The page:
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Case Reports in Hematology
Volume 2015 (2015), Article ID 146598, 6 pages
http://dx.doi.org/10.1155/2015/146598
Case Report

De Novo CD5 Negative Blastic Mantle Cell Lymphoma Presented with Massive Bone Marrow Necrosis without Adenopathy or Organomegaly

1Department of Central Military Laboratory and Blood Bank, Prince Sultan Military Medical City, P.O. Box 7897, Riyadh 11159, Saudi Arabia
2Department of Hematology and Blood Bank, Theodor Bilharz Research Institute, Giza, Egypt
3Department of Oncology, Prince Sultan Military Medical City, P.O. Box 7897, Riyadh 11159, Saudi Arabia
4Department of Basic Science, Princess Nourah Bint Abdulrahman University, College of Medicine, Riyadh, Saudi Arabia
5Department of Adult Clinical Hematology and Stem Cell Therapy, Prince Sultan Military Medical City, P.O. Box 7897, Riyadh 11159, Saudi Arabia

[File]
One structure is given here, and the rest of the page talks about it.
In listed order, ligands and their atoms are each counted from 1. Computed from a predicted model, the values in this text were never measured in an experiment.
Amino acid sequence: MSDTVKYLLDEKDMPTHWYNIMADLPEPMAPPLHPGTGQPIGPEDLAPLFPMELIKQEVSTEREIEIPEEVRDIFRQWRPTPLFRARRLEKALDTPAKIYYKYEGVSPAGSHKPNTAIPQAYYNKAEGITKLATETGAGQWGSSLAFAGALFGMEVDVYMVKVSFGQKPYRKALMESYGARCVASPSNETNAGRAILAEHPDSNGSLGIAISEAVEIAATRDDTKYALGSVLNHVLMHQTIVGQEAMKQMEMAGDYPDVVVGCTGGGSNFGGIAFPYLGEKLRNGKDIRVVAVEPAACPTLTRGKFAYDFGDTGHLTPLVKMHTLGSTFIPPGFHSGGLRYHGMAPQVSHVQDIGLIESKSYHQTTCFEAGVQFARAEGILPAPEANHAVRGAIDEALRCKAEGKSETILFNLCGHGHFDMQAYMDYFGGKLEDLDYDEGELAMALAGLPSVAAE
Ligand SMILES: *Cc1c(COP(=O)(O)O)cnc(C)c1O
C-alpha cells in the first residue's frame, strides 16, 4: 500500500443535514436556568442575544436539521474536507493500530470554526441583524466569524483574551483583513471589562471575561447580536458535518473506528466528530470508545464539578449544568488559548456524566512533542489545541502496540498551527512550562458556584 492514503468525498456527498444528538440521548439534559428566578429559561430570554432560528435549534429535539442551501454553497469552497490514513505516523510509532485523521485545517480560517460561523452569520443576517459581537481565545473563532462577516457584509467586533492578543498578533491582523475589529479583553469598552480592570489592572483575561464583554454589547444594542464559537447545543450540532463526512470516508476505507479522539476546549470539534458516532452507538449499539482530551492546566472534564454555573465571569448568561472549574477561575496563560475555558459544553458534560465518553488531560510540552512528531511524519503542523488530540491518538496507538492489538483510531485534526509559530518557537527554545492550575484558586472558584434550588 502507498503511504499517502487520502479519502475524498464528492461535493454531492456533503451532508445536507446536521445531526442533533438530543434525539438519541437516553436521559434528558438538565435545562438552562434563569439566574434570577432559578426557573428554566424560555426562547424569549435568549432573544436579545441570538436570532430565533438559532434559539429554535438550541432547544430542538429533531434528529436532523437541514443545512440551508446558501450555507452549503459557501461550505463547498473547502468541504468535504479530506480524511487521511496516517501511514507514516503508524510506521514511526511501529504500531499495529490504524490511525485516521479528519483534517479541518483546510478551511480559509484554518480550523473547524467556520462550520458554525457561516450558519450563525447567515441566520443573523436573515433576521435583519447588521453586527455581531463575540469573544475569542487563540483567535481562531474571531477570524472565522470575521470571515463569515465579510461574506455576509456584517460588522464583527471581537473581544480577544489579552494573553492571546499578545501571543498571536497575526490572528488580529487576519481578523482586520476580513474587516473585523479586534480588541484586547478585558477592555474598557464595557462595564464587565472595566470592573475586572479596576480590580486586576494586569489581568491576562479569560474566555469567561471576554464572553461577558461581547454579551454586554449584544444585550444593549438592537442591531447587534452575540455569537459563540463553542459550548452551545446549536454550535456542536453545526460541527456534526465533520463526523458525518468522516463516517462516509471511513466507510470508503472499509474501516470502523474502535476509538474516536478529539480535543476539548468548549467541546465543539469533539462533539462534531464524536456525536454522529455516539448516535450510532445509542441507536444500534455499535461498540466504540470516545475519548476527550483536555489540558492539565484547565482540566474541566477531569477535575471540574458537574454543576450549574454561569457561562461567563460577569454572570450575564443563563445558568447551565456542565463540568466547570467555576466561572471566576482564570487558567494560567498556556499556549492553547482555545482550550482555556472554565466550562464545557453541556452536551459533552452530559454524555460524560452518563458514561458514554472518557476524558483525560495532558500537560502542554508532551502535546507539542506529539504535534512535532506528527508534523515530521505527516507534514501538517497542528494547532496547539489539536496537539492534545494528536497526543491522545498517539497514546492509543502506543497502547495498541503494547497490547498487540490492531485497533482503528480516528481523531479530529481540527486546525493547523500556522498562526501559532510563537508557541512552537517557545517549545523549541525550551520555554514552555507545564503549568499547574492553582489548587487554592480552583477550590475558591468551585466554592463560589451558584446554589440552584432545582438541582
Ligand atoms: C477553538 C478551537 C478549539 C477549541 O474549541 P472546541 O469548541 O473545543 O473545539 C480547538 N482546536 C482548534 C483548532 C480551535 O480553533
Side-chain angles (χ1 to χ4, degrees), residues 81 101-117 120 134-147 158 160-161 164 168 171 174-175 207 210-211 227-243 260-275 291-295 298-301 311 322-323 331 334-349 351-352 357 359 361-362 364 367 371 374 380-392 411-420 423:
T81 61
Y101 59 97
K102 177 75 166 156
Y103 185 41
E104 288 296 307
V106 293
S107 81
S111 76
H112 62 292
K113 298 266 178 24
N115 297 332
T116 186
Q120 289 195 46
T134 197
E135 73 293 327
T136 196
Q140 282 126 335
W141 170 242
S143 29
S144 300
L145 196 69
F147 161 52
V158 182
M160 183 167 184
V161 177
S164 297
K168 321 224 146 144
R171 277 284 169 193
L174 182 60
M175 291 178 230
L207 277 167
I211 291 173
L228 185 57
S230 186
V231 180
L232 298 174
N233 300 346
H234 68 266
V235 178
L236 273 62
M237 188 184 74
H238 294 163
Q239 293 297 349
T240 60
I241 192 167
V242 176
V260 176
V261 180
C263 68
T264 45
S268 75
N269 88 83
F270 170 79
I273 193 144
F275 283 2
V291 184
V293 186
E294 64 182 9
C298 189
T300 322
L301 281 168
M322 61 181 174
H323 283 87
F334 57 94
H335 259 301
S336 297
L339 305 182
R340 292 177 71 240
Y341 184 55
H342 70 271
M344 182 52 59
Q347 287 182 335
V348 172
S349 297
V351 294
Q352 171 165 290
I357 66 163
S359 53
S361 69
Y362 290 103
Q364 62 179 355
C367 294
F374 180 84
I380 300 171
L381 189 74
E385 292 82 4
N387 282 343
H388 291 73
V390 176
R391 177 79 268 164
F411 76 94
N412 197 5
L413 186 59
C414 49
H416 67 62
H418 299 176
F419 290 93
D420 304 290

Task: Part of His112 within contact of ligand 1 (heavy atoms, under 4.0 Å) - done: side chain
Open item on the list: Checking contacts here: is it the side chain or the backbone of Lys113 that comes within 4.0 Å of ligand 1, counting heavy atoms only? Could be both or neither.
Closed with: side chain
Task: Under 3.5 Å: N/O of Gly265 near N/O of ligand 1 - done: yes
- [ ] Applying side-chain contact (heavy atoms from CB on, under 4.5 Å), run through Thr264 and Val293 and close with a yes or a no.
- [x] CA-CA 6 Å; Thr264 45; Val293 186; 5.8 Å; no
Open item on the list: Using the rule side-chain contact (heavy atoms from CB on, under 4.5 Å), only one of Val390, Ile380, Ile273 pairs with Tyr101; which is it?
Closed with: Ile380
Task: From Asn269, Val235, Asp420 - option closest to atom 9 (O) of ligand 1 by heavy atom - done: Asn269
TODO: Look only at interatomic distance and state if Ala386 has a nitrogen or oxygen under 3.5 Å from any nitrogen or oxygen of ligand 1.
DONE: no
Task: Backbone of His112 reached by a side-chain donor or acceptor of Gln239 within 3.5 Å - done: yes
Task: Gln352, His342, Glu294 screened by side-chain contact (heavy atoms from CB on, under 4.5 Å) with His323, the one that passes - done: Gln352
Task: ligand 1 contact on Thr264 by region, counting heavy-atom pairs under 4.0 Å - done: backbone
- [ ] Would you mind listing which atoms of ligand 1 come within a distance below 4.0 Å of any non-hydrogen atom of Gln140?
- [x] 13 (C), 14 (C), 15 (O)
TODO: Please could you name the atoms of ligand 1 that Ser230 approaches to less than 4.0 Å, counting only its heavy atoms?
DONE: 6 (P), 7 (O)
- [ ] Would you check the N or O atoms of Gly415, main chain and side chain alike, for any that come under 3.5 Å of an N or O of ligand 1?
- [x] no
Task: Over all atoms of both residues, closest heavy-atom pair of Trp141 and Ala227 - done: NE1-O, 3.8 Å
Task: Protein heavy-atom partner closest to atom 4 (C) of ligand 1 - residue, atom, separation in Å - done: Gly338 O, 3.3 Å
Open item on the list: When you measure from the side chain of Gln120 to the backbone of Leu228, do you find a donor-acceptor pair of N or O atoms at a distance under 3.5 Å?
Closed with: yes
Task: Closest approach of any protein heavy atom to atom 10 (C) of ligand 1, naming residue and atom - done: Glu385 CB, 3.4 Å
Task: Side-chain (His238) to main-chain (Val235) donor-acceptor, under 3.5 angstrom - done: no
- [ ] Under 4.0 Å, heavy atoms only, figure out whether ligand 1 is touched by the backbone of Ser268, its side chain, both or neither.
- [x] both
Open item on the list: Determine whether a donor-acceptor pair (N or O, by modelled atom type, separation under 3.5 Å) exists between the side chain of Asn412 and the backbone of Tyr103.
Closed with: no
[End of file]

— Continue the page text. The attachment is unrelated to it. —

Received 14 April 2015; Revised 12 July 2015; Accepted 26 July 2015

Academic Editor: John Frater

Copyright © 2015 Ghaleb Elyamany et al. This is an open access article distributed under the Creative Commons Attribution License, which permits unrestricted use, distribution, and reproduction in any medium, provided the original work is properly cited.

Abstract

The recent World Health Organization (WHO) classification defines mantle cell lymphoma (MCL) as a distinct entity characterized by a unique immunophenotype and a molecular hallmark of chromosomal translocation t(11;14)(q13;q32). We report an unusual case of an advanced stage of CD5 negative MCL with a blastoid variant with a massive bone marrow (BM) necrosis as an initial presenting feature, with no adenopathy or hepatosplenomegaly. The pathologic features showed blastoid variant of MCL and flow cytometry showed that the tumor cells were CD5−, CD19+, CD20+, FMC-7+, CD23−, and lambda light chain restricted. Chromosomal analysis, using karyotype and fluorescent in situ hybridization (FISH), demonstrated karyotypic abnormalities in addition to the t(11;14). Our case study may be reported as a unique case of CD5− blastic MCL with unusual presentation and findings which made the diagnosis of MCL difficult.